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ICRC supports student competitions in international humanitarian law

30-04-2014 Feature

Each year, the ICRC partners with universities and National Societies to organize student competitions in international humanitarian law (IHL). These competitions may take many forms, such as simulations, role-plays and moot legal courts. This year’s theme is the challenges posed to IHL by new technologies.


Frits Kalshoven Competition 2014, final round /
© Netherlands Red Cross

 

During the first half of 2014, the ICRC supported four student competitions: the Frits Kalshoven Competition (The Hague, Netherlands), the Red Cross IHL Moot (Hong Kong), the Jean-Pictet International Competition in IHL (Sintra, Portugal) and the 1st edition of the Clara Barton Competition (Washington D.C., United States of America). The events in total allowed students from more than 80 universities worldwide to apply IHL to practical, contemporary humanitarian issues proposed in fictitious case studies.

Reaching out to current academic experts and future decision-makers

Some of the ICRC’s prevention activities support university professors to develop IHL teaching. Indeed, as academic experts consulted by governments, those professors often play a crucial role in implementing IHL at a national level.
Student competitions allow students to connect with various experts, including professors, and show participants concrete ways to teach IHL.

“As soon as I was back from a field assignment as ICRC delegate, I acted as a juror at the Jean-Pictet Competition,” says Etienne Kuster, ICRC adviser for Relations with Academic Circles. “It really struck me how role-plays were modelled after real-life situations I was facing in the field,” he adds.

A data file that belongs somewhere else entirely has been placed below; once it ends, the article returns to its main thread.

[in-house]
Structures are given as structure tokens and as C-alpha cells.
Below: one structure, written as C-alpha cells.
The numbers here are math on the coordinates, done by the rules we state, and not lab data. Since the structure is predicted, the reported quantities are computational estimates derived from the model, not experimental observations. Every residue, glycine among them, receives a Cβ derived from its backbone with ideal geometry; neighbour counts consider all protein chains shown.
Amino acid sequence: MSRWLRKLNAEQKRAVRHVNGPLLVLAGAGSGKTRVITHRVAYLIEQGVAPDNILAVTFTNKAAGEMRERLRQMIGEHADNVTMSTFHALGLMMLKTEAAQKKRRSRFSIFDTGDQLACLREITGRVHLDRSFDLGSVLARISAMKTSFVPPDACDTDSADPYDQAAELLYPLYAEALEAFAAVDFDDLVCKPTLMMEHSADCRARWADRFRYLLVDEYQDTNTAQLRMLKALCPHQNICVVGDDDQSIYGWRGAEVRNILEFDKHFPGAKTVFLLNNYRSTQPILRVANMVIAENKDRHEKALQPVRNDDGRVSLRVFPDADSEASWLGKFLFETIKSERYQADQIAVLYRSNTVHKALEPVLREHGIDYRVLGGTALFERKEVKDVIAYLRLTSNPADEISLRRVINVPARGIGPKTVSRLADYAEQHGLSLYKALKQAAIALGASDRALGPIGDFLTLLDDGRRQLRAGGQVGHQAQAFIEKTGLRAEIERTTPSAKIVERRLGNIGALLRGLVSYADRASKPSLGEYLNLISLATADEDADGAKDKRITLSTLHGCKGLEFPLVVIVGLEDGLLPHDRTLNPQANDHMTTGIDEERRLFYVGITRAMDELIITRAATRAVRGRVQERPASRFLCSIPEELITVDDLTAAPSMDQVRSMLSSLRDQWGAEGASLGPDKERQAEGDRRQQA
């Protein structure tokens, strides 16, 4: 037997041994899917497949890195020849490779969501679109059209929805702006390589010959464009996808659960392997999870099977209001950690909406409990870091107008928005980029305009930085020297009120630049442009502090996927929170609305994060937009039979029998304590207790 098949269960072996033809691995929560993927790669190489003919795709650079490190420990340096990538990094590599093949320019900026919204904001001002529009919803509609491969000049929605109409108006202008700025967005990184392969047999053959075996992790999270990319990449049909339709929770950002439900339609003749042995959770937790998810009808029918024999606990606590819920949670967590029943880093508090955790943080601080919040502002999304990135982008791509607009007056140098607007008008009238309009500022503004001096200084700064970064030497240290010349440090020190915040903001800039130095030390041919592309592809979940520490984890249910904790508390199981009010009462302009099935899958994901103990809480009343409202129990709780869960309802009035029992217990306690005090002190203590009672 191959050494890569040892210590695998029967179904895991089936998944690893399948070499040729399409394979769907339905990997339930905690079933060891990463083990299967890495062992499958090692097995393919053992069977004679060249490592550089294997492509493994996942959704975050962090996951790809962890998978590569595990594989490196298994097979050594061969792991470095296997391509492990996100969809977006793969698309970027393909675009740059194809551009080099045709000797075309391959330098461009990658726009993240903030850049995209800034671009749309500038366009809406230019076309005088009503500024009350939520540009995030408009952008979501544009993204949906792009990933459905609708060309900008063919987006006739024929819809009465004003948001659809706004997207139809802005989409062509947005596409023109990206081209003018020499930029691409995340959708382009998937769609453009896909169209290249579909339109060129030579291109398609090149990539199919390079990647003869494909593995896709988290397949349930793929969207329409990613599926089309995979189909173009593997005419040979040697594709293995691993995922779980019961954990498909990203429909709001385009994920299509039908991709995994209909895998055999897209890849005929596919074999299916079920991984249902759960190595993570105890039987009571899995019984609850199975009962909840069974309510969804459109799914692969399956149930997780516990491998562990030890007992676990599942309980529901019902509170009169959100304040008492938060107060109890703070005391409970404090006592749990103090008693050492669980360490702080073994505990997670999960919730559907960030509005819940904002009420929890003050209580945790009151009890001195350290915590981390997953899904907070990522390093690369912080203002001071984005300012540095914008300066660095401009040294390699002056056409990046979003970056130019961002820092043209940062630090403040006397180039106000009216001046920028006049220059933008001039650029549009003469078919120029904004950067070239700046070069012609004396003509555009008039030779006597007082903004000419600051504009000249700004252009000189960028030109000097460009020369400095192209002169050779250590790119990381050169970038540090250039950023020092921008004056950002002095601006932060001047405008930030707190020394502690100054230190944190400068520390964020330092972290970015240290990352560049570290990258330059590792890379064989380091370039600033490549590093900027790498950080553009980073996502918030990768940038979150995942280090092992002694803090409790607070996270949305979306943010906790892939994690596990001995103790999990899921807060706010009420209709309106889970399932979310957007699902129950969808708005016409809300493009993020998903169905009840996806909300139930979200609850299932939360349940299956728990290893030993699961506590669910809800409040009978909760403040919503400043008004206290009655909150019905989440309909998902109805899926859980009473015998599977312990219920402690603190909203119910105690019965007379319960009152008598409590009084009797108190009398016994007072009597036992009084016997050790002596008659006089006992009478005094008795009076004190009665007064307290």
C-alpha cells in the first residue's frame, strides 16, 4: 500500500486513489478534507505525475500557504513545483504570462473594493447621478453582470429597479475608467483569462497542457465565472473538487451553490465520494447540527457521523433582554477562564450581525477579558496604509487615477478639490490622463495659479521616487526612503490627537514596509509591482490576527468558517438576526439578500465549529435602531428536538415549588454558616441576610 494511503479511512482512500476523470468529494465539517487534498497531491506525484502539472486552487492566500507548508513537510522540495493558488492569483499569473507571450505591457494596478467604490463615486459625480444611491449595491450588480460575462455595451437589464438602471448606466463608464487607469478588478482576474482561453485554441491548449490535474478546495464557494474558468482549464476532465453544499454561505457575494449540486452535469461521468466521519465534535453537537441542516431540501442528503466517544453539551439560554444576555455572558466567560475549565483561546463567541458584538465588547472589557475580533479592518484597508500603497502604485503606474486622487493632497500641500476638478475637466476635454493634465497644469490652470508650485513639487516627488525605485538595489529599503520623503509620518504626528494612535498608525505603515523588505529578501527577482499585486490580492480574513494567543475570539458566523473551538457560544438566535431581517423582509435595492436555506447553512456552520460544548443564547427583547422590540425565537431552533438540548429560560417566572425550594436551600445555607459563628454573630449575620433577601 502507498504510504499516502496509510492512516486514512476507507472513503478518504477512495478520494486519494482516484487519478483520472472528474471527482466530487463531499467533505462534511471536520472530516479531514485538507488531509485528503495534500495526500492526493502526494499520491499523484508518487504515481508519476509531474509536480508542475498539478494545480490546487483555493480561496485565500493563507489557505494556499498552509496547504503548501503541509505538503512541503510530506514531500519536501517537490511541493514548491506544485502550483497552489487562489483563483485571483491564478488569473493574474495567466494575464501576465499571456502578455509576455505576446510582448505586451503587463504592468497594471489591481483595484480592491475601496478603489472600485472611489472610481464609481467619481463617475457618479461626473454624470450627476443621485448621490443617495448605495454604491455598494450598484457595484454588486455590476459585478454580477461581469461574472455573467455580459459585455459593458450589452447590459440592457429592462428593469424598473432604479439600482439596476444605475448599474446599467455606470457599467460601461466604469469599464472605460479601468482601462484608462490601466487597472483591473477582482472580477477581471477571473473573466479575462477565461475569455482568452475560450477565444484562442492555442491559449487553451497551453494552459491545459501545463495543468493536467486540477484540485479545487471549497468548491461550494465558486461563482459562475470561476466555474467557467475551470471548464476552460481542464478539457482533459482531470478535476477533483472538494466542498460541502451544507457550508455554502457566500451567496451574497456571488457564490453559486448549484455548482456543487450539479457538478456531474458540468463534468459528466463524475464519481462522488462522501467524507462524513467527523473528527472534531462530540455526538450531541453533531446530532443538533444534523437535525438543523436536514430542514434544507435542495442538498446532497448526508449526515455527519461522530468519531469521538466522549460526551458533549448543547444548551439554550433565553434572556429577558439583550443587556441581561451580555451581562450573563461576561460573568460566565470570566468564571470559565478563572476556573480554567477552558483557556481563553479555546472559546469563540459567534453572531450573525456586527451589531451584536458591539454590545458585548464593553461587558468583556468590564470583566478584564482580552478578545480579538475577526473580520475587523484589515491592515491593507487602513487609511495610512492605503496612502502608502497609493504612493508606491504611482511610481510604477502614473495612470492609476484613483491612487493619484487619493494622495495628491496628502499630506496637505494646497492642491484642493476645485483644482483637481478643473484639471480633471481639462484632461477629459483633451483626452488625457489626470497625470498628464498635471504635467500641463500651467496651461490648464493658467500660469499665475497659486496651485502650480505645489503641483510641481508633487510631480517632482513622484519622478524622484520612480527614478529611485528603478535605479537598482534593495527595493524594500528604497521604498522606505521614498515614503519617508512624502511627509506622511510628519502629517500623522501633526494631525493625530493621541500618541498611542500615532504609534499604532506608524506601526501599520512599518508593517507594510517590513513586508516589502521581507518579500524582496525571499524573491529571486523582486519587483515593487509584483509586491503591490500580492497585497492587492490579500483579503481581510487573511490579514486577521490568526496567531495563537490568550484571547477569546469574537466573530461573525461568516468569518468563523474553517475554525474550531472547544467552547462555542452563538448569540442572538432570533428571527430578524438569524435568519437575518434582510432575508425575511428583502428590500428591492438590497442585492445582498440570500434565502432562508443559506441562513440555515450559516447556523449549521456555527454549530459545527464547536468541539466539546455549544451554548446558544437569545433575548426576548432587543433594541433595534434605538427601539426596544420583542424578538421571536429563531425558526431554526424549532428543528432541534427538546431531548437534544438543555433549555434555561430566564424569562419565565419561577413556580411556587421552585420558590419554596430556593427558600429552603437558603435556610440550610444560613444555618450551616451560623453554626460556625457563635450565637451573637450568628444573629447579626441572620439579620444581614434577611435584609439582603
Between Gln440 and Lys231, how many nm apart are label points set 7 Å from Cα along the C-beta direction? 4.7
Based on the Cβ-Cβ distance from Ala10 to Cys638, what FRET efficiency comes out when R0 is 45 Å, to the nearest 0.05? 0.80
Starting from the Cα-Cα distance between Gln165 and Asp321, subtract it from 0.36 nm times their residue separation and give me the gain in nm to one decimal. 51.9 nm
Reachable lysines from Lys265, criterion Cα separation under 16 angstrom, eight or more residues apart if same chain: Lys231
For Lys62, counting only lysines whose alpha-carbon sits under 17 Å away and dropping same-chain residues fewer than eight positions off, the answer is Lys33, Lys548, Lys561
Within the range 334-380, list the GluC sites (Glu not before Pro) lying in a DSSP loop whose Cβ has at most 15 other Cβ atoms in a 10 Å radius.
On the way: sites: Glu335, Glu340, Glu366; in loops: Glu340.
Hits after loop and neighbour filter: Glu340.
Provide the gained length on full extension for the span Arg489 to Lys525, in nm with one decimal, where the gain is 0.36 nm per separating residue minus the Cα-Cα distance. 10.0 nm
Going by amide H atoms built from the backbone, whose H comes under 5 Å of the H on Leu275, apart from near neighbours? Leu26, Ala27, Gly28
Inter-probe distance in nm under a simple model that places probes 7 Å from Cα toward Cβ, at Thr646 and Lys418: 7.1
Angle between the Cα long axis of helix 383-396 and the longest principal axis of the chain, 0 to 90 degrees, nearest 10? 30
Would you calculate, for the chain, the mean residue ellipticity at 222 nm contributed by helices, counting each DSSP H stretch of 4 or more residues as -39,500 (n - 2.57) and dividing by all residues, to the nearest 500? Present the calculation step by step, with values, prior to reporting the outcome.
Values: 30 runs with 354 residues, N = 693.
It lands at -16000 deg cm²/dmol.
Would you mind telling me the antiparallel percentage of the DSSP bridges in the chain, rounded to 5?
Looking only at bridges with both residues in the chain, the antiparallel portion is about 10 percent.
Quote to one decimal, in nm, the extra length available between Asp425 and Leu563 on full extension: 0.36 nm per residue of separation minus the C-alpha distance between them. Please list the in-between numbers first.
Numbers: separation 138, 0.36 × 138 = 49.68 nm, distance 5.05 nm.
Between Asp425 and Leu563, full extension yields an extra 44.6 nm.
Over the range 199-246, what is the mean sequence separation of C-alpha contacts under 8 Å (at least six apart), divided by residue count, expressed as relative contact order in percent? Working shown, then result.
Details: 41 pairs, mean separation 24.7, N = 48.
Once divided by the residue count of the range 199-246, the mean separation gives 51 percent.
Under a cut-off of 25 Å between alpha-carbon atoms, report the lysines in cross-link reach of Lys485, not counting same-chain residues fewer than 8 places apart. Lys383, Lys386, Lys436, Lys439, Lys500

In all the competitions, participants engaged in a variety of role-playing exercises, during which they assumed various professional roles and performed different practical assignments, such as negotiating humanitarian access or defending legal points of view. This year, “new technologies and warfare” were at the forefront of the fictitious case studies.

Cyber attacks, drone missiles and autonomous robot flies

In The Hague, for the final round of the Frits Kalshoven competition, two fictitious parties – a government and a private company – presented their opposing views on the environmental consequences of a cyber attack as well as the implications of missile and drone attacks.
At the Red Cross IHL Moot in Hong Kong, 24 participating teams from Asia-Pacific countries were assigned the role of either the prosecutor or the defendant in a fictitious trial addressing attacks carried out using drones and autonomous weapons.

The Jean-Pictet Competition in Portugal challenged participants to understand the application of IHL, as they took part in role-plays and simulations on the legality of autonomous robot flies being able to inflict lethal bites on their targets.

“In the past decade, the teaching of IHL has grown a lot in U.S. law schools. However, no moot court or competition has been dedicated to that body of law up to now. The purpose of the Clara Barton Competition in Washington was to offer students an opportunity to face real-world challenges, of the type that the military, government attorneys and practitioners face during armed conflict,” explains Anne Quintin, ICRC Law and Policy outreach adviser at the ICRC and co-founder of the Clara Barton Competition. “Thanks to the hard work of the American Red Cross, this first edition was a huge success.” Connecting with the “new technologies and warfare” theme, the event allowed students to address violations of IHL in realistic video games and to negotiate a fictitious treaty on cyber warfare.

Addressing “new technologies and warfare”

The ICRC itself has explored the “new technologies and warfare” theme: a special edition of the International Review of the Red Cross focused on the topic, and conferences involving experts, webinars and panels are taking place throughout 2014.
But to return to the students – “Student competitions are unique and fantastic life experiences, and they are worth undertaking by any student interested in working in humanitarian law and action,” declares Laurence Brunet-Baldwin, a former participant in the Jean-Pictet Competition. The ICRC annually supports seven regional and 15 national student competitions, thus contributing to the development of networks of current and future humanitarian professionals.

 

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